County Meath is traditionally known as the “Royal County” because it contains the seat of the ancient High Kings of Ireland at the Hill of Tara. Older than the pyramids of Egypt, the passage graves of Newgrange, Knowth and Dowth attract visitors the world over. Other places of interest include Slane Castle and historic Kells, where the Book of Kells originated. Kells also has 9th-century high crosses and a 1000-year-old Round Tower.
Foremost among the passage-tombs of Europe, Newgrange has long evoked the wonder of archaeologists and laymen alike. The most penetrating excavation work undertaken at any prehistoric site in Ireland so far has revealed much about its construction and purpose; but other secrets, such as the cryptic symbolism of its beautifully decorated stones, remain inviolate.
Apart from archaeological sites and beautiful views, you can enjoy a wide range of activities in Meath, from coarse and game angling to shooting and golf. The county is relatively flat and ideal for cycling and horse riding.
Navan is Meath’s county town and is famous for its fine furniture and carpets. Trim, on the river Boyne, is a charming medieval town with an astounding collection of ancient sites, including the largest Norman castle in Ireland.
For a more cosmopolitan atmosphere, Drogheda is a bustling port town with excellent pubs and live music scene, including a summer Samba festival.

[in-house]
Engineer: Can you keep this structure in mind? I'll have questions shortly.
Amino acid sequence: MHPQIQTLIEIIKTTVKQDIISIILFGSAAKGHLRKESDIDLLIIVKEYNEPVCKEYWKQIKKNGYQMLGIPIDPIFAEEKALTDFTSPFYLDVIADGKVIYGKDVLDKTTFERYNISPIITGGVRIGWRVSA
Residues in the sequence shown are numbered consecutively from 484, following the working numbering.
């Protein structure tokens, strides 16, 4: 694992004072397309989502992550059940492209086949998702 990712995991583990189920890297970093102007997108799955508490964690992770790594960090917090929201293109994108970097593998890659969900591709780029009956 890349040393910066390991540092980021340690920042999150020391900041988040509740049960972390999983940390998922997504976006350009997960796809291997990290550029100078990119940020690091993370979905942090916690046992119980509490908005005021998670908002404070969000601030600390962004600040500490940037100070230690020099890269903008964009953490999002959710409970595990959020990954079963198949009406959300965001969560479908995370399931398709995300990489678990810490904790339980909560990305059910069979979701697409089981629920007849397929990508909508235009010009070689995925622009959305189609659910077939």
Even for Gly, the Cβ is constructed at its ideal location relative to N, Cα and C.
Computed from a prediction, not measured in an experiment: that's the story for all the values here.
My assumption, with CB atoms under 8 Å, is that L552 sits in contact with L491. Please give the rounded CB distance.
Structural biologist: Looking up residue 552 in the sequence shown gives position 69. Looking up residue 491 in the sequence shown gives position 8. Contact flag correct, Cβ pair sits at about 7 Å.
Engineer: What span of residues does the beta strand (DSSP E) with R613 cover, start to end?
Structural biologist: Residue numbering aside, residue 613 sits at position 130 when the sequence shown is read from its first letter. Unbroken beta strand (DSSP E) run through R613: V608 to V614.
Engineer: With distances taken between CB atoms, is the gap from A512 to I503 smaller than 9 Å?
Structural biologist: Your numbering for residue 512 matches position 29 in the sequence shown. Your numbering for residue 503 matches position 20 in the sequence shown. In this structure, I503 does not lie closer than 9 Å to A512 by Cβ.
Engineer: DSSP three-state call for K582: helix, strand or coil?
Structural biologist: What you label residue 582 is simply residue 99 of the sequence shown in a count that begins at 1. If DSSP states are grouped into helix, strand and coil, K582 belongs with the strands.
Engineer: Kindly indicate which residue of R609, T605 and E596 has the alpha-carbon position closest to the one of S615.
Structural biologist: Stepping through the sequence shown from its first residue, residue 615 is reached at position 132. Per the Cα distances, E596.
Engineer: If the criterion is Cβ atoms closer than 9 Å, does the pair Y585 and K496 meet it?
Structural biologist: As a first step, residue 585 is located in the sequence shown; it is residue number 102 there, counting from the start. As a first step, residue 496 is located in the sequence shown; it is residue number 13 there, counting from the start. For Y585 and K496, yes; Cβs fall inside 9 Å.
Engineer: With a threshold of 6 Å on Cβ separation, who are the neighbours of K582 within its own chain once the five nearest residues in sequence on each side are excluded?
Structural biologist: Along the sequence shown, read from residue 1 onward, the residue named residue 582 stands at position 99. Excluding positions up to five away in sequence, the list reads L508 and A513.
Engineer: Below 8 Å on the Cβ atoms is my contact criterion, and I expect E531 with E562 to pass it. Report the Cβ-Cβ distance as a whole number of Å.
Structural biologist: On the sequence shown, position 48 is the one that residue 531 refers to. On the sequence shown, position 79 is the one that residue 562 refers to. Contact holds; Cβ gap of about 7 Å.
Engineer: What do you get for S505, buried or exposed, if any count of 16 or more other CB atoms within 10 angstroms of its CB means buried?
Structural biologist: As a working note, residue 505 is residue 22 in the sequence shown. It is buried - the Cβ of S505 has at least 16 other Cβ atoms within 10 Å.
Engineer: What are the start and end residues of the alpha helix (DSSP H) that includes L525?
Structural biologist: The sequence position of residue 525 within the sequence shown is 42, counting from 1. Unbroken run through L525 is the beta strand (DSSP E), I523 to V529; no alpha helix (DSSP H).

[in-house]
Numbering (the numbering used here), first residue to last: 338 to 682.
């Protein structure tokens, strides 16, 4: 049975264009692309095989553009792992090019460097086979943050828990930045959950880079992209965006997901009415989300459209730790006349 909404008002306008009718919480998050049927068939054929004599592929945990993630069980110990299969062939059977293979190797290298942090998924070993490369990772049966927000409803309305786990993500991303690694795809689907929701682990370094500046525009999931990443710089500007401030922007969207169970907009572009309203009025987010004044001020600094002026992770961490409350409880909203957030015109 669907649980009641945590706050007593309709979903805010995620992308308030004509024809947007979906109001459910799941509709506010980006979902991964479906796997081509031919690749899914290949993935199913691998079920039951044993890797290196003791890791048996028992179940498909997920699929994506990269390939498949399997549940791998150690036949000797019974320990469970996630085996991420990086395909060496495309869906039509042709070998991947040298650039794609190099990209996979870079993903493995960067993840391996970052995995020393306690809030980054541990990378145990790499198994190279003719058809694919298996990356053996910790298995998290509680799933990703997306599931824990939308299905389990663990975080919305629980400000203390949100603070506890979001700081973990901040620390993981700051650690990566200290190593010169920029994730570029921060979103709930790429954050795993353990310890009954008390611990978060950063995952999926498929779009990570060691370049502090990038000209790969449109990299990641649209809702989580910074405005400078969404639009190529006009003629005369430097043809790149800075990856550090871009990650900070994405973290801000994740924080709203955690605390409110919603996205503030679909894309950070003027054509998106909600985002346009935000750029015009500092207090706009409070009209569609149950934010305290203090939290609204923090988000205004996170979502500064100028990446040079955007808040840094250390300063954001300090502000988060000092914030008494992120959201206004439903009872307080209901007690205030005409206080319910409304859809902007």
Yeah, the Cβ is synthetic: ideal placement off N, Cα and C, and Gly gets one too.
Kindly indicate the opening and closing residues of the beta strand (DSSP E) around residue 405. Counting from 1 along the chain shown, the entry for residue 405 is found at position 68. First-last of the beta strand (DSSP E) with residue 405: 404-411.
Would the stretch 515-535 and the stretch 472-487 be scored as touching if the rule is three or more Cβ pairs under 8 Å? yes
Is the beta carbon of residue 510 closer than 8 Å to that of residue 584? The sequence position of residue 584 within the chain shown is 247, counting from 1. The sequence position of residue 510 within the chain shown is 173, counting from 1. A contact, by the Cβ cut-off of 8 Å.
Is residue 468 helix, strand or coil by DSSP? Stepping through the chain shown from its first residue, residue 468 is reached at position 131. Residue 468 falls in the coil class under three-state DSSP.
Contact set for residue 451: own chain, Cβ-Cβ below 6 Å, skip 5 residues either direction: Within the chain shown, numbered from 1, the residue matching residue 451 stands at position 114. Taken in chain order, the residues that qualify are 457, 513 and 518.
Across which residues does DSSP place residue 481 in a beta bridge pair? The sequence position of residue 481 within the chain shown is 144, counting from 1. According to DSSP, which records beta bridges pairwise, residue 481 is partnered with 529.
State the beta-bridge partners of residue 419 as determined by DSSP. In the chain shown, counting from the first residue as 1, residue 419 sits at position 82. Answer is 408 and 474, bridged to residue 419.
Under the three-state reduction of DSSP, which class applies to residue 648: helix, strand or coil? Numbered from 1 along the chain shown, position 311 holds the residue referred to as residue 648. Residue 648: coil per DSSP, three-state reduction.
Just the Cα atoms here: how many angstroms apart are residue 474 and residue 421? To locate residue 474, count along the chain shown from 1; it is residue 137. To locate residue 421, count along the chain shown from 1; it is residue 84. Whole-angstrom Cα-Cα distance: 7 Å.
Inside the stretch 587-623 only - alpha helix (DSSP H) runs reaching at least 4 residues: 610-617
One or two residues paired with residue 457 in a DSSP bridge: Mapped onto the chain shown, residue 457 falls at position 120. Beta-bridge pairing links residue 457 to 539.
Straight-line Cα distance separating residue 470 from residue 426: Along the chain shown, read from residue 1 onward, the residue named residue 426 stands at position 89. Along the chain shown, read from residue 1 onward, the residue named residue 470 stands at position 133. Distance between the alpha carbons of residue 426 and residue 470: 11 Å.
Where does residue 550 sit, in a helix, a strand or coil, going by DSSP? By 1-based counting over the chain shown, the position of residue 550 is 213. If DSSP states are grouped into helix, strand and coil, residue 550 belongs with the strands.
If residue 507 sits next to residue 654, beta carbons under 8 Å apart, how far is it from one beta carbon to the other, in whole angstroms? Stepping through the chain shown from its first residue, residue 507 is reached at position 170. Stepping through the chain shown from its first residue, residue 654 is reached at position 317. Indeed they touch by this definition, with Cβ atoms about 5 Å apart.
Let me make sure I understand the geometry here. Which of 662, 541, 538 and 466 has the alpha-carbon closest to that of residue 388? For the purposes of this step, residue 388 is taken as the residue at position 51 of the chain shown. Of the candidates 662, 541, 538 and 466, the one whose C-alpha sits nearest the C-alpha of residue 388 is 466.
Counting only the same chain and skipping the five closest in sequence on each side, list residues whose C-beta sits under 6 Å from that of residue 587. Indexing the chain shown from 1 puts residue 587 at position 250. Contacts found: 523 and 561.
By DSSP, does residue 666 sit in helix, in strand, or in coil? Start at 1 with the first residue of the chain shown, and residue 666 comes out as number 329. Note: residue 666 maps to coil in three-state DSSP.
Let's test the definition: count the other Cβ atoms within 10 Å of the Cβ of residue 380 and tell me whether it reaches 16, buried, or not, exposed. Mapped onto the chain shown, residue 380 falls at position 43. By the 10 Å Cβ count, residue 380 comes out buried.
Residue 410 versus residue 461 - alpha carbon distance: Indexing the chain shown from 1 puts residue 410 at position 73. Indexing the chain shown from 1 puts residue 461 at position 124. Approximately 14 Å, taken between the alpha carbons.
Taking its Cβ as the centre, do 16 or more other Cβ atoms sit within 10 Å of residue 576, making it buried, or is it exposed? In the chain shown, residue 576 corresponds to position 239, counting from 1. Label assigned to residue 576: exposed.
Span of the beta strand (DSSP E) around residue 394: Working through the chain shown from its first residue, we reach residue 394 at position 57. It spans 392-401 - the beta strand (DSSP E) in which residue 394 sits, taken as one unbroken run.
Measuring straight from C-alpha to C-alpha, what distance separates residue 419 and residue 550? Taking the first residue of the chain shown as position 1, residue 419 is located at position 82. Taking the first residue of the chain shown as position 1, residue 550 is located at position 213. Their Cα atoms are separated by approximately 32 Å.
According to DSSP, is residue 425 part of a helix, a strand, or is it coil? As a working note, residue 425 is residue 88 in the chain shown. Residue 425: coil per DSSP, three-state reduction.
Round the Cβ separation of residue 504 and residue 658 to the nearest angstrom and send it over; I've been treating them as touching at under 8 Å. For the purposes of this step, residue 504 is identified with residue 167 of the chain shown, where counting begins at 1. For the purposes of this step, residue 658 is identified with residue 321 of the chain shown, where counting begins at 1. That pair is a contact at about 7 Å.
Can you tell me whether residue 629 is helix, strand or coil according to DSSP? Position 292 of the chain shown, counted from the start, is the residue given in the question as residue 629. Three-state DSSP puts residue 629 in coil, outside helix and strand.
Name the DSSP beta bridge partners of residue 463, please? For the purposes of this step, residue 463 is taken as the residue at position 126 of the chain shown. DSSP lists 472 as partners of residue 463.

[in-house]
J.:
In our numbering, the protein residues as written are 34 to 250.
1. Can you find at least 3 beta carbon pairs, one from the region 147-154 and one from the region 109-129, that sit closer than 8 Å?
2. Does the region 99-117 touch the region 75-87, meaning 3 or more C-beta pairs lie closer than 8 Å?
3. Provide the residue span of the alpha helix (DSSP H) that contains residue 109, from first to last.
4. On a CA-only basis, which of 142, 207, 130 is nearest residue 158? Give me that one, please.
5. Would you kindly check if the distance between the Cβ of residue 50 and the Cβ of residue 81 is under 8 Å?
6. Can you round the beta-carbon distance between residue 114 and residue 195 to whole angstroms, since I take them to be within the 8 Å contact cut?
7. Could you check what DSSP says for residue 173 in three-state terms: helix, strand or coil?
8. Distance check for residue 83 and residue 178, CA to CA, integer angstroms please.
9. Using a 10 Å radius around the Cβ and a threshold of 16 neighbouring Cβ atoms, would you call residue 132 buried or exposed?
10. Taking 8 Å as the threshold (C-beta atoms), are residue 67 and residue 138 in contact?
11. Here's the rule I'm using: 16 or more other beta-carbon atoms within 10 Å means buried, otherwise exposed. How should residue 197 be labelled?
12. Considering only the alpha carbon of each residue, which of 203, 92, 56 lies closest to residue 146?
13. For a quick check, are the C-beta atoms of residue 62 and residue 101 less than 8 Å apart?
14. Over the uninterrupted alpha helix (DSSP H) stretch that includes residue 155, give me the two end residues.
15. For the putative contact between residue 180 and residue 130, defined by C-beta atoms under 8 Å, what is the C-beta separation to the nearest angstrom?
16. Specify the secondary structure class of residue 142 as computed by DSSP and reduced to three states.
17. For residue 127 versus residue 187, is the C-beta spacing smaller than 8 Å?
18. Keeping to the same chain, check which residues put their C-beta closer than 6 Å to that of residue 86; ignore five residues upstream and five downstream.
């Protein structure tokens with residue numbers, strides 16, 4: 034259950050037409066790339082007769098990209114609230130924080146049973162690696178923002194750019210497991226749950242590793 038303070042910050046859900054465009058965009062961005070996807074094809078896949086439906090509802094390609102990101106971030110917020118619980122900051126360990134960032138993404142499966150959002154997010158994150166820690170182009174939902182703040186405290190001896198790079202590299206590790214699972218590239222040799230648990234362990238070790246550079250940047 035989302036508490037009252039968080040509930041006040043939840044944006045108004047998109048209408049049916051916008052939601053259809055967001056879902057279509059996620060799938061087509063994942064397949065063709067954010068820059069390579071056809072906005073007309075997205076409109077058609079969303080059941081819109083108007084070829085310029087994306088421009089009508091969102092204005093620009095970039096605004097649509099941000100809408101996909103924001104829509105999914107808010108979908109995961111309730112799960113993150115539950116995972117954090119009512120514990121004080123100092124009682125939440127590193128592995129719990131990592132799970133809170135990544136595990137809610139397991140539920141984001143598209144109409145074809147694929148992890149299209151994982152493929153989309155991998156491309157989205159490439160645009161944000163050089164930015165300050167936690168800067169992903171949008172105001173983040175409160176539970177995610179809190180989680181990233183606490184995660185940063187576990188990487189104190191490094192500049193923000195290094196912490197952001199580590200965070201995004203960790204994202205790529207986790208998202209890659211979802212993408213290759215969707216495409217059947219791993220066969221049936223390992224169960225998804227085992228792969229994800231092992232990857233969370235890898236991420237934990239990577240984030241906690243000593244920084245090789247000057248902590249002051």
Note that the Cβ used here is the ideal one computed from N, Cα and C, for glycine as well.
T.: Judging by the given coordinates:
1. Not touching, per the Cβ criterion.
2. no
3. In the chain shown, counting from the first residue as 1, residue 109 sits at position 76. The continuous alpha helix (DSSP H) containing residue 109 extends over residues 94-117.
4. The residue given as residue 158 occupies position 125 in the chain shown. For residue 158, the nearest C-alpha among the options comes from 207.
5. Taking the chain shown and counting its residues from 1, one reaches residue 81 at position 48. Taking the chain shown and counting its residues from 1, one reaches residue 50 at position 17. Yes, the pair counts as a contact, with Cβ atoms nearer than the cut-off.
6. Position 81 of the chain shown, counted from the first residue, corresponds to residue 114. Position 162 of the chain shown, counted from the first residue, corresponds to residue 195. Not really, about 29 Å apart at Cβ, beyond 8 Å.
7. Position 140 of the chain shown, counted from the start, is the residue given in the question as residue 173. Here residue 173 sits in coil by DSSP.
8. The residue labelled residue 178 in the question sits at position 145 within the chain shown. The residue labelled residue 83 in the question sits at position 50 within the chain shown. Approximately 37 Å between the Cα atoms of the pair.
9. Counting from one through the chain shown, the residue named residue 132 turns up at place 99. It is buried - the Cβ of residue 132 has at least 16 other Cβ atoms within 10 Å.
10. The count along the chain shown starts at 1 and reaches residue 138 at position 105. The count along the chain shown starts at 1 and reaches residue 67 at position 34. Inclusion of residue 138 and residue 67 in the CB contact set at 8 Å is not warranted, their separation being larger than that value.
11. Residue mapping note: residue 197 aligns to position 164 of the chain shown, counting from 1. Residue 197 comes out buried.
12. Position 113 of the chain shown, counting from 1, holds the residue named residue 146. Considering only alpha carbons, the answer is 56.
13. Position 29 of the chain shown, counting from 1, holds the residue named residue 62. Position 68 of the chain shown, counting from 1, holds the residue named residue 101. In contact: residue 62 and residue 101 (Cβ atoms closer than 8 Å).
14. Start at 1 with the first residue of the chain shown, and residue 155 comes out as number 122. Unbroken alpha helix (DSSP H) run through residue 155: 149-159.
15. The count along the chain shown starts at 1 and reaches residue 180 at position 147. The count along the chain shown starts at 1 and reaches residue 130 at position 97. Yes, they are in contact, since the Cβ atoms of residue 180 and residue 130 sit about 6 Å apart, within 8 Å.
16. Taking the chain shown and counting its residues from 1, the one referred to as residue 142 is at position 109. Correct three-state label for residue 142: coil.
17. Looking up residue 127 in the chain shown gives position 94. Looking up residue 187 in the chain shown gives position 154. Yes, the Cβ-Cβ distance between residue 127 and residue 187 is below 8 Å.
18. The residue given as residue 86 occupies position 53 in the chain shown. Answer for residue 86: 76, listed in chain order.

Our Sister Cities Relationship
The relationship with Meath began with a serendipitous meeting with ‘John Gavin from Navan’ in the mid to late 90’s. Communication was established and sometime in the late 90’s a Chamber delegation went over to visit (Howard Johnson, Barry Mitsch, Bill Coleman, John Powell, Jack Smith (and maybe others). In turn, 3 came over from County Meath (Brian. Kevin and The County Mgr at that time) about 1999. From that, the formal relationship was established in 2001.
Recent Activities with Meath
March 2009 – A joint photography exhibition called “At The Edges of the Day” begins it’s exhibit. This was a County Meath and Cary Photographers exchange with two photographers from Cary (Patrick Bartley and Heath Clayton ) and two from Meath (Andrew Kelly and Andrew Ellis). The exhibition explored the people, places, economy and culture of Cary, North Carolina and County Meath, Ireland as seen through the eyes of these photographers.
March 2011 – A delegation of Meath officials visits Cary to meet with Town officials and Chamber representatives.
September 2011 – A delegation from Cary, including Chamber of Commerce officials, visits County Meath to attend the Solheim Cup (LPGA version of the Ryder Cup) and discuss business development.
October 2012 – A delegation from Meath visits and meets with the Cary Chamber and Town planning officials, and tours local industry and the Research Triangle Park. They also take in a Shakespeare play at Booth Amphitheater that is set in the Civil War era.
October 2014 -A delegation from Meath including the new county manager, visits and meets with the Cary Chamber and Town planning officials, and tours local industry and the NC State Centennial Campus. Sister Cities of Cary hosts a meet and greet reception at The Cary theater.